This new law seems both necessary and logical to me. Pretty basic stuff.

What's a good fascist state without an apparatus to protect the corporations from the people?
posted by rokusan at 5:28 PM on October 14, 2008


They nibble at the edges. Eventually, though, the whole is consumed.

I don't really believe in conspiracies, but if the goal in everyone's corporate mind is "get more", eventually we'll be getting very little, but giving a lot. Where will that end, precisely? Corporations want your money, and they already have money, so they have the ear of politicians. Law increasingly favors their interests, all in the name of Intellectual Property and a strong economy. History shows that companies try to get and keep any advantage they can. After all, profit is king, and there's nothing wrong with that!

I sometimes wonder if they wouldn't prefer to deduct a set of required "living costs" from us all, give a receipt that shows we now have 0$, and laugh until next month when they do it all again.
posted by SaintCynr at 5:33 PM on October 14, 2008 [1 favorite]


What's a good fascist state without an apparatus to protect the corporations from the people?

Singapore.
posted by Cool Papa Bell at 5:33 PM on October 14, 2008 [3 favorites]


Seriously fuck those cutesy backronym bill names.
posted by pompomtom at 5:38 PM on October 14, 2008 [2 favorites]


Directs the Attorney General to:... ...deploy five additional Intellectual Property Law Enforcement Coordinators in foreign countries.


Where would they send them to? Sweden? Canada?

At least if they sent them to Canada they'd get a nice judge explaining to them, very slowly, that illegally acquired evidence can't be used for lawsuits. Then they could sit on their assess and play computer games until they're recalled.
posted by Pseudology at 5:44 PM on October 14, 2008 [2 favorites]


chimaera: When people are so afraid of punishment that they're afraid to do anything with music or movies or books or software, there will be and incredible demand for CC-licensed products and other copyright schemes, and they will be mainstreamed so fast that the racketeers' heads will spin.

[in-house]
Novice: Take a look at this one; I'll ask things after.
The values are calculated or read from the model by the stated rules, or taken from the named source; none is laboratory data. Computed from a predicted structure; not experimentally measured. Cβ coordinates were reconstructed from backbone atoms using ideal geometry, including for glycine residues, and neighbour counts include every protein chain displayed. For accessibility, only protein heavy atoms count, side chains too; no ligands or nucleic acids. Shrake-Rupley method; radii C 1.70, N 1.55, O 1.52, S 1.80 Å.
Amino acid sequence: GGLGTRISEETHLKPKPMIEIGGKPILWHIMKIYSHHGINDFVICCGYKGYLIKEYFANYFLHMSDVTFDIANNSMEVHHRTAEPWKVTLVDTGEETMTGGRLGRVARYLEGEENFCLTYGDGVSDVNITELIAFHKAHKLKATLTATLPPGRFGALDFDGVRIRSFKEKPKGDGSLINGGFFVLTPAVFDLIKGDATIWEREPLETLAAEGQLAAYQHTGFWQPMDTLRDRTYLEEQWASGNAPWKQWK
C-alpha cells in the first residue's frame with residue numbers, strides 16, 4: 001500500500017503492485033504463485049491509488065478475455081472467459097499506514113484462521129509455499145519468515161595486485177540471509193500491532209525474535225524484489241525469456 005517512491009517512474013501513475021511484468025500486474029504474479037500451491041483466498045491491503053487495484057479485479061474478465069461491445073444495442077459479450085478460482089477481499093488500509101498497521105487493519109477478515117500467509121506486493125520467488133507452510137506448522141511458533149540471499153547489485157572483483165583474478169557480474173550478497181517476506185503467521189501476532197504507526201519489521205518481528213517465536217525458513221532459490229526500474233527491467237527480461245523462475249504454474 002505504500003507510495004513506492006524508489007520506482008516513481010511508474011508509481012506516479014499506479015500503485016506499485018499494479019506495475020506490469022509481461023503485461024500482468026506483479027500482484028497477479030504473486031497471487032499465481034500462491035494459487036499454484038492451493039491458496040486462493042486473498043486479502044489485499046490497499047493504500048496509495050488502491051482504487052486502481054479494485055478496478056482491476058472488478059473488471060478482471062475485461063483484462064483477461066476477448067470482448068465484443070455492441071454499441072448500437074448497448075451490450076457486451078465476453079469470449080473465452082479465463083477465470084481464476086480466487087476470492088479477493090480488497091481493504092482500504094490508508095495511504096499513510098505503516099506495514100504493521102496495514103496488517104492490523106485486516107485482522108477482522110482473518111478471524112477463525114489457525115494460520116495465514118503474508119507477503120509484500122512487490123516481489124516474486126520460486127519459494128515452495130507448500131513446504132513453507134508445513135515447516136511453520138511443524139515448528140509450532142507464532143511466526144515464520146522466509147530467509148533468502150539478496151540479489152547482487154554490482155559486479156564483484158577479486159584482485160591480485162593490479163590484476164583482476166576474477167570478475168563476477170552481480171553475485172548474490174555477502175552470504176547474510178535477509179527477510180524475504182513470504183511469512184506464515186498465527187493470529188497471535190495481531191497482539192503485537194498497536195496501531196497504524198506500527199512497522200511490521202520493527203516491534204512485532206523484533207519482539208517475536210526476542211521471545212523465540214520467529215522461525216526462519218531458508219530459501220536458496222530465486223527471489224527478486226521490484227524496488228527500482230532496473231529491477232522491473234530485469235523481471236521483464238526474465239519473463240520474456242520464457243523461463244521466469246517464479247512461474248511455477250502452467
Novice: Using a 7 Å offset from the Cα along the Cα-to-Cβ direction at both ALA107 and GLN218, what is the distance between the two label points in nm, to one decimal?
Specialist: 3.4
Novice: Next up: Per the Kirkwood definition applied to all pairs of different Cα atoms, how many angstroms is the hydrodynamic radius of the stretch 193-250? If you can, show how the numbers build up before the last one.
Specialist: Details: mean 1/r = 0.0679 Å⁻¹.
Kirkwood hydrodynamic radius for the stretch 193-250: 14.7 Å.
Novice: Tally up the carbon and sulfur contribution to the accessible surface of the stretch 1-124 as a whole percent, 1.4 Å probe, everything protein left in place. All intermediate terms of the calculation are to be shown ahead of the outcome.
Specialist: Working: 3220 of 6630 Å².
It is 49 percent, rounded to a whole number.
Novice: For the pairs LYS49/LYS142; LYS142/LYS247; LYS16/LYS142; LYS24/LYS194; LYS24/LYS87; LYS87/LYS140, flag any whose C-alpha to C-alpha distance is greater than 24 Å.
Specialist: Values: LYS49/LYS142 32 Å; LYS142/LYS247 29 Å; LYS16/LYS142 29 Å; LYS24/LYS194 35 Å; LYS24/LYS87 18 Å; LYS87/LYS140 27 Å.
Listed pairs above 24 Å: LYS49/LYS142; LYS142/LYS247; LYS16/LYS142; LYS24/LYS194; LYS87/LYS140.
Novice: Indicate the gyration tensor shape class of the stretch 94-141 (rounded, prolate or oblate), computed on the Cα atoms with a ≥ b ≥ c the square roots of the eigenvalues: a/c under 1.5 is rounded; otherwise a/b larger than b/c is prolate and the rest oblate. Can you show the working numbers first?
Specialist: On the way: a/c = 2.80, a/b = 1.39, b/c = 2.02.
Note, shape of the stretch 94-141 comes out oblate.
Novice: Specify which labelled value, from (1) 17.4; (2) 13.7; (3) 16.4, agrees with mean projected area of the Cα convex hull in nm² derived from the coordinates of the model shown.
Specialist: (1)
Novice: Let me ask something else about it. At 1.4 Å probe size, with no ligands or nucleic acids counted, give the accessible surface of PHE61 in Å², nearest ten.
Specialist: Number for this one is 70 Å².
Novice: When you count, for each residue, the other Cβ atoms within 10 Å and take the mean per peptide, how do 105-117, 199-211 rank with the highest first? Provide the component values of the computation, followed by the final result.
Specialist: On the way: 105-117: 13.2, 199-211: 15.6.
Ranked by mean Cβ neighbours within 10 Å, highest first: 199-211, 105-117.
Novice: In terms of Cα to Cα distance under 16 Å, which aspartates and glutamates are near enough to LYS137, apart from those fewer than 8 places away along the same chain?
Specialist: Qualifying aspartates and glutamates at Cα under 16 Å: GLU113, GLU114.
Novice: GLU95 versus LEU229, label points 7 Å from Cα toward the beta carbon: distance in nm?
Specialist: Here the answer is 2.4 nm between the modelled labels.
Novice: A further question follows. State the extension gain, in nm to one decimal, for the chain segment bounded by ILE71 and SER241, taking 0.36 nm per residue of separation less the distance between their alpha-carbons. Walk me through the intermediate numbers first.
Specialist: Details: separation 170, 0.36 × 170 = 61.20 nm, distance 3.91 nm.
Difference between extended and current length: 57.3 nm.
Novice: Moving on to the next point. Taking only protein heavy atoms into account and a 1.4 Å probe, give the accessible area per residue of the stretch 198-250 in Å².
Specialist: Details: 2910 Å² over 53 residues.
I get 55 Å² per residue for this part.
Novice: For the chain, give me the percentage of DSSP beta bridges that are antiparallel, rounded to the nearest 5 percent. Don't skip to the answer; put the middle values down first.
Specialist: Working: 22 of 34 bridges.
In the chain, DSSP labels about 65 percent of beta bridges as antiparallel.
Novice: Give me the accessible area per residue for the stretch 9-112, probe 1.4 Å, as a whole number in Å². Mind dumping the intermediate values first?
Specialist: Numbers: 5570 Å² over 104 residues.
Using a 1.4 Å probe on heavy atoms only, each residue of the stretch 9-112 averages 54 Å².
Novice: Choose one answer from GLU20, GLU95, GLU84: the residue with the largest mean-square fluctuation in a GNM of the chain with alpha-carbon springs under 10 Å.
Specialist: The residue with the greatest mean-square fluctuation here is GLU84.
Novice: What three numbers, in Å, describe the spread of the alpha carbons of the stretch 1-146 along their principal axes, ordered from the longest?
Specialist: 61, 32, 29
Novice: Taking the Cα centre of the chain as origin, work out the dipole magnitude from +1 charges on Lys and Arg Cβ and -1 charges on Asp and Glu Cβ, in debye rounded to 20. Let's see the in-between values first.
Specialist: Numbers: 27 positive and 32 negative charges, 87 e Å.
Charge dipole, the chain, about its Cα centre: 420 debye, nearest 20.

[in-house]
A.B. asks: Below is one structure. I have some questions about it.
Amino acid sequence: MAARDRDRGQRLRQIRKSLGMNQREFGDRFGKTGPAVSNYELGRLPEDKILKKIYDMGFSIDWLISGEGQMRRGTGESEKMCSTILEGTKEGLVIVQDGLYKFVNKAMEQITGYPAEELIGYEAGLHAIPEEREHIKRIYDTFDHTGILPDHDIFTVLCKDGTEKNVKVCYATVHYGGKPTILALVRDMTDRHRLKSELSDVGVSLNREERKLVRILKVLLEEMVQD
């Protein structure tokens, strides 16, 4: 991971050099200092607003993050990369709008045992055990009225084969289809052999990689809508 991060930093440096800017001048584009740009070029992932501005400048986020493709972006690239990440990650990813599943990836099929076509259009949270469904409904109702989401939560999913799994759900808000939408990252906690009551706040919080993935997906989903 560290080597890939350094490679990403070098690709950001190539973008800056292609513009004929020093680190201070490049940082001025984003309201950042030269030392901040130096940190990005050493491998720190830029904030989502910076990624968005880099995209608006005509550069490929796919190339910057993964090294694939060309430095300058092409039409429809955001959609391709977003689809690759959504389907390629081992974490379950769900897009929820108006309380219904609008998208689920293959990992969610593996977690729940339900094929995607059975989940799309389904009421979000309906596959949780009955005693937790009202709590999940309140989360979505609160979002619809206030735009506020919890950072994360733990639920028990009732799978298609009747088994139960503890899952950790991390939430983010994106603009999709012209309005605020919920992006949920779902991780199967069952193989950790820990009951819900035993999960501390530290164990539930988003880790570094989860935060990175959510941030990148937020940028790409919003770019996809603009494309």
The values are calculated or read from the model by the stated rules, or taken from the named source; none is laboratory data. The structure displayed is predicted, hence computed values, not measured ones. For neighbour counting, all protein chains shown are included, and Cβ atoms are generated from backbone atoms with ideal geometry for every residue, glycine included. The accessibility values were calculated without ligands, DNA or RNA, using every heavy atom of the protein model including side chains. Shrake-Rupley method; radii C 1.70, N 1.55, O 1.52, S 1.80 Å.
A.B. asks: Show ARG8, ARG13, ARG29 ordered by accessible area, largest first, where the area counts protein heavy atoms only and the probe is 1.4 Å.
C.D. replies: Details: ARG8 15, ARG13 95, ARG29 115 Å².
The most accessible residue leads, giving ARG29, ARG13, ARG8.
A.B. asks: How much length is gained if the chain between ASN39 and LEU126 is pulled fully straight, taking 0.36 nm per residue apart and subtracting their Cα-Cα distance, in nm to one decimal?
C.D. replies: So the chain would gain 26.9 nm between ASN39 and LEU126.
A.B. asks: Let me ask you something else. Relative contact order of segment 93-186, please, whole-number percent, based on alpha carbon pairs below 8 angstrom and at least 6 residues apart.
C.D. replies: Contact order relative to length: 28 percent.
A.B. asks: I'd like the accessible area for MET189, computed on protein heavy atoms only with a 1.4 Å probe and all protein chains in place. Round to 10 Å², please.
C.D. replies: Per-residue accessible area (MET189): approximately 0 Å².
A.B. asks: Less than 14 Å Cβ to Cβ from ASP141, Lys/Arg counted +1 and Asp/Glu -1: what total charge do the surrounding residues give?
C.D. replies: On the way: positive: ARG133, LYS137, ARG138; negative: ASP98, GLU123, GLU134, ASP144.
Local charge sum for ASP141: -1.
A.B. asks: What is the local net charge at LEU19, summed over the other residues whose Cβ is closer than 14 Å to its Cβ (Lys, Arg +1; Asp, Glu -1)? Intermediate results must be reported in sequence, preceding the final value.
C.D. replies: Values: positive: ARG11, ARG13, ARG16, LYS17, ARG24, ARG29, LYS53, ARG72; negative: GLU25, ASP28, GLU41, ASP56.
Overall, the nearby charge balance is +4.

In fact, I think this won't happen, because the music industry actually recognizes, in the cavernous spaces of their minds, that they can't outlaw all those other uses. They don't really want to outlaw ALL filesharing, they just want to stop the most visible aspects of it. They want to make it impossible for someone to turn it into their business model.

Not that this is any better or worse. In fact arguably it IS worse, if they DID suddenly announce such a lawsuit (RIAA v. Everyone With A Computer), then the situation you mention would indeed come to pass, and they could be immediately put out of business, instead of this lengthy pussy-footing around, hanging on to life, trying to monetize all the inconvenience they can wring out of us before their last drop of blood leaks out.
posted by JHarris at 5:47 PM on October 14, 2008


From the article:

"Unfortunately, unauthorized file sharing is wildly entrepreneurial and adapts with catlike agility. You know what's not going to adapt with catlike agility? The interagency intellectual property enforcement advisory committee's joint strategic plan against counterfeiting and infringement."

Heh, now that's awesome writing. It's like onomatopoeia with the concept. (ok, there is probably a specific word for that, but I don't know it)
posted by -harlequin- at 6:16 PM on October 14, 2008 [2 favorites]


angst... malaise... a troubled sense of foreboding. These are dark times.
You can almost smell the next Metallica album coming.

It will be a trap.
posted by hal9k at 6:26 PM on October 14, 2008 [2 favorites]


Next thing you know, they'll be putting up posters encouraging us to rat on each other.

Oooh, I'm tempted to do that. Set up an official-looking (perhaps slightly creepy in its overzealousness) website where people can do their patriotic duty, then make a range of cafepress posters that are like something right out of "Brazil", which direct Good Folk to do their Duty.

(Double-plus goodness would be drumming up references and sales of the posters in RIAA affiliated companies.)
posted by -harlequin- at 6:29 PM on October 14, 2008 [1 favorite]


*sigh* Looks like I need to write me rep more on these issues. Baldwin is usually pretty liberal, but I guess in this case, well...

Damnit! What horrendous legislation.
posted by symbioid at 6:35 PM on October 14, 2008


They passed a law whose acronym is IPECAC?
posted by grobstein at 6:49 PM on October 14, 2008 [1 favorite]


There's no question that unless creative people get paid for content, there won't be any.

I call "Bullshit!". If creative people (like myself) don't get paid for content, then there will still be more content produced than any one person can consume, there will just be more "starving artist" types and fewer middle class and wealthy artists.

People feel a burning need to create. People were creative before IP was invented, and would continue to do so if copyright ceased to exist tomorrow.

Money greases the wheels, and allows for much glossier production values, and for a lot of middle-men to get fat. It is arguably an engine, but it is not the engine.

Creativity is part of people's very soul. IP laws are in no way needed to protect that.
posted by -harlequin- at 6:50 PM on October 14, 2008 [6 favorites]


I sometimes wonder if they wouldn't prefer to deduct a set of required "living costs" from us all, give a receipt that shows we now have 0$, and laugh until next month when they do it all again.

They could even give it a catchy name like ... oh, I don't know ... payroll withholding.
posted by ZenMasterThis at 6:51 PM on October 14, 2008